Could it be improved with a key layout optimised to reduce the tedious horizontal scrubbing back and forth?

Could we increase both speed and accuracy with a more intuitive keyboard layout?


Filed under Innovation, Interfaces, Mobile

Textees: A Keystroke of Genius

Say good-bye to embarrasing typos, unpredictable predictive text predictions or incorrect auto-correct corrections. Just roll one of these little rubber numbers onto your errant digit and Robert’s your relative!

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Introducing Textees – a wearable solution to texting on those tiny, squished-up QWERTY keyboards on your otherwise easy-to-use touchscreen device. Both low-tech and low-allergenic, you can finally hit the letter you were aiming for.

Red Textees

Who needs fancy-pants hi-tech wizardry like lexical dictionaries, semantic prediction and pressure sensitive piezo-electric sensors when you can solve the problem with a stylish, go-anywhere mini-fingertip in 6 fabulous flavours? The fact that they look like upside-down rubber bondage undies (with attachments and accessibility options) only adds to the fun.

Thanks Textees!


Filed under Hardware, Innovation, Mobile, Usability

Apple’s keyless keyboard: Once more with feeling

A recently published patent application indicates that Apple is finally looking to address the major gripe that people have with touch screen interfaces. They acknowledge in their patent that other touch sensitive devices lack the tactile, button-like reassurance of a traditional keyboard. In other words, you have no clue whether you’ve hit the right key or not.

Apple's keyless keyboard

Apple’s game changing design incorporates “pressure sensitive piezo-electric sensors” which can distinguish between deliberate keystrokes and accidental finger taps. Their keyboard design won’t actually have any individual keys; instead it will deliver one pleasant vibration for an accurate hit and another harsher vibration for a miss hit. Instant fingertip accuracy feedback!

They also note that the new design could incorporate any form of input-surface device for a computing system, not just a traditional QWERTY layout. As there are no actual buttons, any layout can be lit up from underneath the glass.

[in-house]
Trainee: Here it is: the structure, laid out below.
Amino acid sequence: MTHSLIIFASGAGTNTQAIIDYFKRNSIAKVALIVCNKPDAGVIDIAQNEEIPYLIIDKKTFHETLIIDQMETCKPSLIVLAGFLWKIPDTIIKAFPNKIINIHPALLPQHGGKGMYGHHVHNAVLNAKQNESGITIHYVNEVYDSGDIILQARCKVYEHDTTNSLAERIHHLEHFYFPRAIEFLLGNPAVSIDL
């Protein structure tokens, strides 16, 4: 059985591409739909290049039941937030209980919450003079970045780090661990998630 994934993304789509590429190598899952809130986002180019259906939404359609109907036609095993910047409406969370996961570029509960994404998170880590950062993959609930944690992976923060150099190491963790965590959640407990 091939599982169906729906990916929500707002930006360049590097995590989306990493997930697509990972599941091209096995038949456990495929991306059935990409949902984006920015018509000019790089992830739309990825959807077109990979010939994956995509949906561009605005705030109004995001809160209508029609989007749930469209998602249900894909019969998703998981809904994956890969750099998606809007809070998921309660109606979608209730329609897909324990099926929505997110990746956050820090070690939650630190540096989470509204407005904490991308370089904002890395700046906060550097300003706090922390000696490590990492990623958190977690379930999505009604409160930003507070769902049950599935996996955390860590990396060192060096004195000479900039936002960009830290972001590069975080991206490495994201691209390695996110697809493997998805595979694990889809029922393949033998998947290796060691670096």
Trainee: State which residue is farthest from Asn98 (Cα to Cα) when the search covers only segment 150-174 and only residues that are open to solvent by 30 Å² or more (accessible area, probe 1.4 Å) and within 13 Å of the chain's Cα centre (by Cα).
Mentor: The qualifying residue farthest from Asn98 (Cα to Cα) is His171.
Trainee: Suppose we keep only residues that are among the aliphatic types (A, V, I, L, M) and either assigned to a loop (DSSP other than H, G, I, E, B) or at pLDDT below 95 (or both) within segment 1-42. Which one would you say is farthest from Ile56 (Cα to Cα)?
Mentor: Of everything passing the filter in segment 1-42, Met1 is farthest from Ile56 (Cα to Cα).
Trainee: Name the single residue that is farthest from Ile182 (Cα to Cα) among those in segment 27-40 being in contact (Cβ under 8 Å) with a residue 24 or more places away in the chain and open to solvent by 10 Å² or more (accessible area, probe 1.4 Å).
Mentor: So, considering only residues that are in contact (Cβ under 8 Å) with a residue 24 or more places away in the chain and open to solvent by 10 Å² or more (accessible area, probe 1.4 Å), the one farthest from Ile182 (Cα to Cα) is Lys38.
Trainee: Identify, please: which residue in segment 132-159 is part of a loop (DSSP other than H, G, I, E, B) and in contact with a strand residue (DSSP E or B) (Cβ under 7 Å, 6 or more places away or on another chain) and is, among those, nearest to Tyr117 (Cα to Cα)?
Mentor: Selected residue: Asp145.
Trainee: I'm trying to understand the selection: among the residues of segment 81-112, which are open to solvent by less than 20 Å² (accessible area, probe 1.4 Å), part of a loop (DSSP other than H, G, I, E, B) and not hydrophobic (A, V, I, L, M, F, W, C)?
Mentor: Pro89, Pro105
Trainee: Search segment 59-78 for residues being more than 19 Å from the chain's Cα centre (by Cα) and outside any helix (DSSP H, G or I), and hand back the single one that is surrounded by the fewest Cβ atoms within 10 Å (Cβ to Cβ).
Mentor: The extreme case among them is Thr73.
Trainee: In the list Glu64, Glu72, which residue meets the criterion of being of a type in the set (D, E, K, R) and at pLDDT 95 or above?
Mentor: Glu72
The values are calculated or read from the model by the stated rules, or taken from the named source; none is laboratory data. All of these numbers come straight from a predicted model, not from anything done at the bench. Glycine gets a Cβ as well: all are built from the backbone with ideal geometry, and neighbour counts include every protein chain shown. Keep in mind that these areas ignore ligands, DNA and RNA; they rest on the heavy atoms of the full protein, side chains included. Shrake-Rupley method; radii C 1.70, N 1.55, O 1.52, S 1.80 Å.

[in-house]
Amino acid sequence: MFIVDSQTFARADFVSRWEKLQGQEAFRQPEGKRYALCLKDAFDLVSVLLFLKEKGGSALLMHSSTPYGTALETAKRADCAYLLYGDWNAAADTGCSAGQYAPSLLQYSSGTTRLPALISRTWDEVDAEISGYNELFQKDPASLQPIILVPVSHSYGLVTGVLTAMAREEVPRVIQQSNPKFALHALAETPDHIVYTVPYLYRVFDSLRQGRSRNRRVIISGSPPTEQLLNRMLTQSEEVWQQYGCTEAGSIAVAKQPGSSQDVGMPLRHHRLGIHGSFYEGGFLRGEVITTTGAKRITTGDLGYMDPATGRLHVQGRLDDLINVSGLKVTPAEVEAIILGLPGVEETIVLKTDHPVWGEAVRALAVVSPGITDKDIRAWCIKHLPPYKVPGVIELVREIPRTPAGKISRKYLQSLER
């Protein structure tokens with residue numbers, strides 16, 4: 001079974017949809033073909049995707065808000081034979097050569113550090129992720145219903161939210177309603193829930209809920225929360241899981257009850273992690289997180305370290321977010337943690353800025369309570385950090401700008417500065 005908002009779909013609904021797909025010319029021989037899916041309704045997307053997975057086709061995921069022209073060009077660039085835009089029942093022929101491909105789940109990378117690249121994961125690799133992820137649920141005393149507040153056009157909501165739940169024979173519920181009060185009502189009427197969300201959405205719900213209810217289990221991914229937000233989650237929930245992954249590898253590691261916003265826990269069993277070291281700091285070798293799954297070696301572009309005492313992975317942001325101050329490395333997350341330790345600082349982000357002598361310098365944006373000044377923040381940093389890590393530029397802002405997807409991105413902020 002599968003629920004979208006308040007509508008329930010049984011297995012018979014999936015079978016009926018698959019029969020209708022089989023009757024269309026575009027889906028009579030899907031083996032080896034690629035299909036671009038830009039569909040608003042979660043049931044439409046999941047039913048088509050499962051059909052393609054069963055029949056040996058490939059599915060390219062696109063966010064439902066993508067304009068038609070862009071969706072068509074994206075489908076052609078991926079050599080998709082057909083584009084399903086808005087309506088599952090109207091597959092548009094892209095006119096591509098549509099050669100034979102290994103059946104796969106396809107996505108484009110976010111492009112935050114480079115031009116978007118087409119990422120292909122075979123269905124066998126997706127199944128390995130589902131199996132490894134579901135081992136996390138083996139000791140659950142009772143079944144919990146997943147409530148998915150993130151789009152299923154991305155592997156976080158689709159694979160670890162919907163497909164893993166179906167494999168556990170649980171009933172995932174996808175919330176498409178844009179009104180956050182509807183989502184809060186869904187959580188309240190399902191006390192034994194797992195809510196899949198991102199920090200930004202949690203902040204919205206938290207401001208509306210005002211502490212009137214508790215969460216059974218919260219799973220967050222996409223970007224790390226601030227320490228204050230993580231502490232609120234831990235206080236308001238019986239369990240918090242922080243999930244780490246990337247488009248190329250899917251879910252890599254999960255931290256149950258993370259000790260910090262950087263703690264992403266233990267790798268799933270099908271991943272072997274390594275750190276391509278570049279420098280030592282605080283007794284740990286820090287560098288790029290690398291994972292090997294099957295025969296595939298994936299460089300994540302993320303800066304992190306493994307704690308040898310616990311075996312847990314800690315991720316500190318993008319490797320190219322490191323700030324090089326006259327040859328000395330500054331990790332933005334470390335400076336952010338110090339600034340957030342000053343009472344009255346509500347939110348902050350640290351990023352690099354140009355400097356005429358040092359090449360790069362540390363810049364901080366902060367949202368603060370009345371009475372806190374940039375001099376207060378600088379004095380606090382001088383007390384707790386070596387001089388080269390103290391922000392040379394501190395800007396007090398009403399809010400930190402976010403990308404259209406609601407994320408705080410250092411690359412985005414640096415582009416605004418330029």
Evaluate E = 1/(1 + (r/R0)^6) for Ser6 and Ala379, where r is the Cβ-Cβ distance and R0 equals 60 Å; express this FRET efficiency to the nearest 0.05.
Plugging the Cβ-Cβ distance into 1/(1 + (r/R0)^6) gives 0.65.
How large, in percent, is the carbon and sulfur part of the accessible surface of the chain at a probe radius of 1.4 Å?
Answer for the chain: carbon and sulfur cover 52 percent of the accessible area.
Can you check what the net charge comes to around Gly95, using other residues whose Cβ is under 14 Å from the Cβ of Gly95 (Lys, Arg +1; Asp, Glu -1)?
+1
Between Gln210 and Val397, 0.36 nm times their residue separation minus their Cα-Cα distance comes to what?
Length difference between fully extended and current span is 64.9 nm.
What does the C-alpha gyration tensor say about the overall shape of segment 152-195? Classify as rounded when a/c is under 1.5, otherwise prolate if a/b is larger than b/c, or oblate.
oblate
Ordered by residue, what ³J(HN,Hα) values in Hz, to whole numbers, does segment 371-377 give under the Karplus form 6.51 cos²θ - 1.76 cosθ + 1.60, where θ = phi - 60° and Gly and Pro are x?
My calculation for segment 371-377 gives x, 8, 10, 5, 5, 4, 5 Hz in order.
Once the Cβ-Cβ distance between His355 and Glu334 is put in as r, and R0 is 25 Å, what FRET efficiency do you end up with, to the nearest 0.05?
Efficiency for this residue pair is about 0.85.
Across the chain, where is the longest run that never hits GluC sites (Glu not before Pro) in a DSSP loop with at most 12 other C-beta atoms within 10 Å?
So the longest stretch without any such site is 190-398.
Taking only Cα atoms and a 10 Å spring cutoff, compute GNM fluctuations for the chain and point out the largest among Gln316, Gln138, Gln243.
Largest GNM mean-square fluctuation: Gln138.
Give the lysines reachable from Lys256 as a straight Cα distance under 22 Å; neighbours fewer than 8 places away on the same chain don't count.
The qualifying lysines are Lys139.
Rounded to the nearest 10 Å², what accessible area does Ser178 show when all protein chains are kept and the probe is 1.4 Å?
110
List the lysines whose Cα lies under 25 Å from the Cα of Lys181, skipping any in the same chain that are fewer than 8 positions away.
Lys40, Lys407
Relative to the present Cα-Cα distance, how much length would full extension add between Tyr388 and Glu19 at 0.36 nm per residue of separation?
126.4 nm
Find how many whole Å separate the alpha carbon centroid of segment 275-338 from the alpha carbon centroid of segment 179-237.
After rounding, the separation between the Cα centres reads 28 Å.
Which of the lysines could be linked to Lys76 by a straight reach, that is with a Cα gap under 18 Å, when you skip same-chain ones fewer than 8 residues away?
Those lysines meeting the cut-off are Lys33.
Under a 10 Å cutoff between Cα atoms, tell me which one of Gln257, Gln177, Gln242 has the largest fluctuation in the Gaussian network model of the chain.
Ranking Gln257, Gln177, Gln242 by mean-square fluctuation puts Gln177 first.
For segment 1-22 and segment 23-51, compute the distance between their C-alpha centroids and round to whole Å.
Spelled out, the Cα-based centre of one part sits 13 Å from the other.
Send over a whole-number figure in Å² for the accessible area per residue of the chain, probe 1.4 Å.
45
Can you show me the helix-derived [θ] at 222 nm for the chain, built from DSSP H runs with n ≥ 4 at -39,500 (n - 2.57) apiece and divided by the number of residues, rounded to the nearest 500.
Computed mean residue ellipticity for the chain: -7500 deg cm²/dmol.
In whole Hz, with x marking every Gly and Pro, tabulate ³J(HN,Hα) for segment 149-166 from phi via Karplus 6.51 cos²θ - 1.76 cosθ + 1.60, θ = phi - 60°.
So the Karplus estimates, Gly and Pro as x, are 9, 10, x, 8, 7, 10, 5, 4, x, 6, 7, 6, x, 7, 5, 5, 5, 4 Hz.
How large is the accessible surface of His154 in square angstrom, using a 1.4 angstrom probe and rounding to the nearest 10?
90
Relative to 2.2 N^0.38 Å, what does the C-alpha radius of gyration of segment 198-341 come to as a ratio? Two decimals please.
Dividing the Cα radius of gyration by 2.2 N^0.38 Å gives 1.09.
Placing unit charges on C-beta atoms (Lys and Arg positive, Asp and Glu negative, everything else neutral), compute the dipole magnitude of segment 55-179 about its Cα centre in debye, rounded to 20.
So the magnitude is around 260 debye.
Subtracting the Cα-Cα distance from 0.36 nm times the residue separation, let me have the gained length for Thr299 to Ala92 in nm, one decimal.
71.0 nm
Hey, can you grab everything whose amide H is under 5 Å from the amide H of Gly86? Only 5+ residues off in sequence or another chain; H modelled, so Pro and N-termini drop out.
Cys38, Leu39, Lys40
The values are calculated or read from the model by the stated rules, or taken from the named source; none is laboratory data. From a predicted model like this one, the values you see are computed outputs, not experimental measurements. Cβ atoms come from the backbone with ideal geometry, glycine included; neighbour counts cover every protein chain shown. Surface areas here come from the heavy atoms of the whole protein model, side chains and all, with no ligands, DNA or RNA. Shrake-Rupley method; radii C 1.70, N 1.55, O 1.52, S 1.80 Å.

virtual keyboards can now get physical

So is this the start of Apple opening its doors to the possibility of more intuitive and interesting input methods?

And will all these changes add up to improved user experience while typing – for instance, a keyboard built around the shape of our hands and the differing length of each finger rather than rigid horizontal rows?

And can it deliver the holy grail of truly mobile touch typing?

I for one sincerely hope it’s a yes on all counts!


Filed under Hardware, Innovation, Mobile, Usability

Mobile Computing. Solved.

Who says you can’t walk, chew gum AND type at the same time?

The Mobile Computing Solution


Filed under Fun, Innovation

Tablet Keyboards – Why I’m Still All Thumbs

There has been a lot of hype surrounding the new ‘thumb’ keyboard (on the new iPad 2 and on SwiftKey for Android), a novel keyboard layout for tablet users aimed at facilitating typing on the go via two-thumbed text entry.


The thumb keyboard splits the traditional QWERTY keyboard into two; allowing your thumbs to reach all the keys. So you can walk, chew gum AND type at the same time: one would have thought a basic requisite for any ‘mobile’ device. But until now, tablet keyboards haven’t allowed the user to type with any confidence while on the move… or, in fact, away from any flat, stable surface.

There are a number of reasons for this, not least is the unnatural layout of the QWERTY keyboard. This system, designed for two hand/ten finger text entry, means users would require a third hand to hold and steady the device.

The other option is to hold the device with one hand and type with the other — an infuriating experience — because while one hand may be familiar with one side of the keyboard, what happens when it crosses to ‘the dark side’? Crossing this great divide can be like learning to type all over. From a usability perspective this technique is disastrous; not only is your typing hand unfamiliar with the opposite side of the keyboard, it also has to travel great distances to reach each key. These problems reduce event the most fluent touch typist to a two-finger hunt-and-pecker.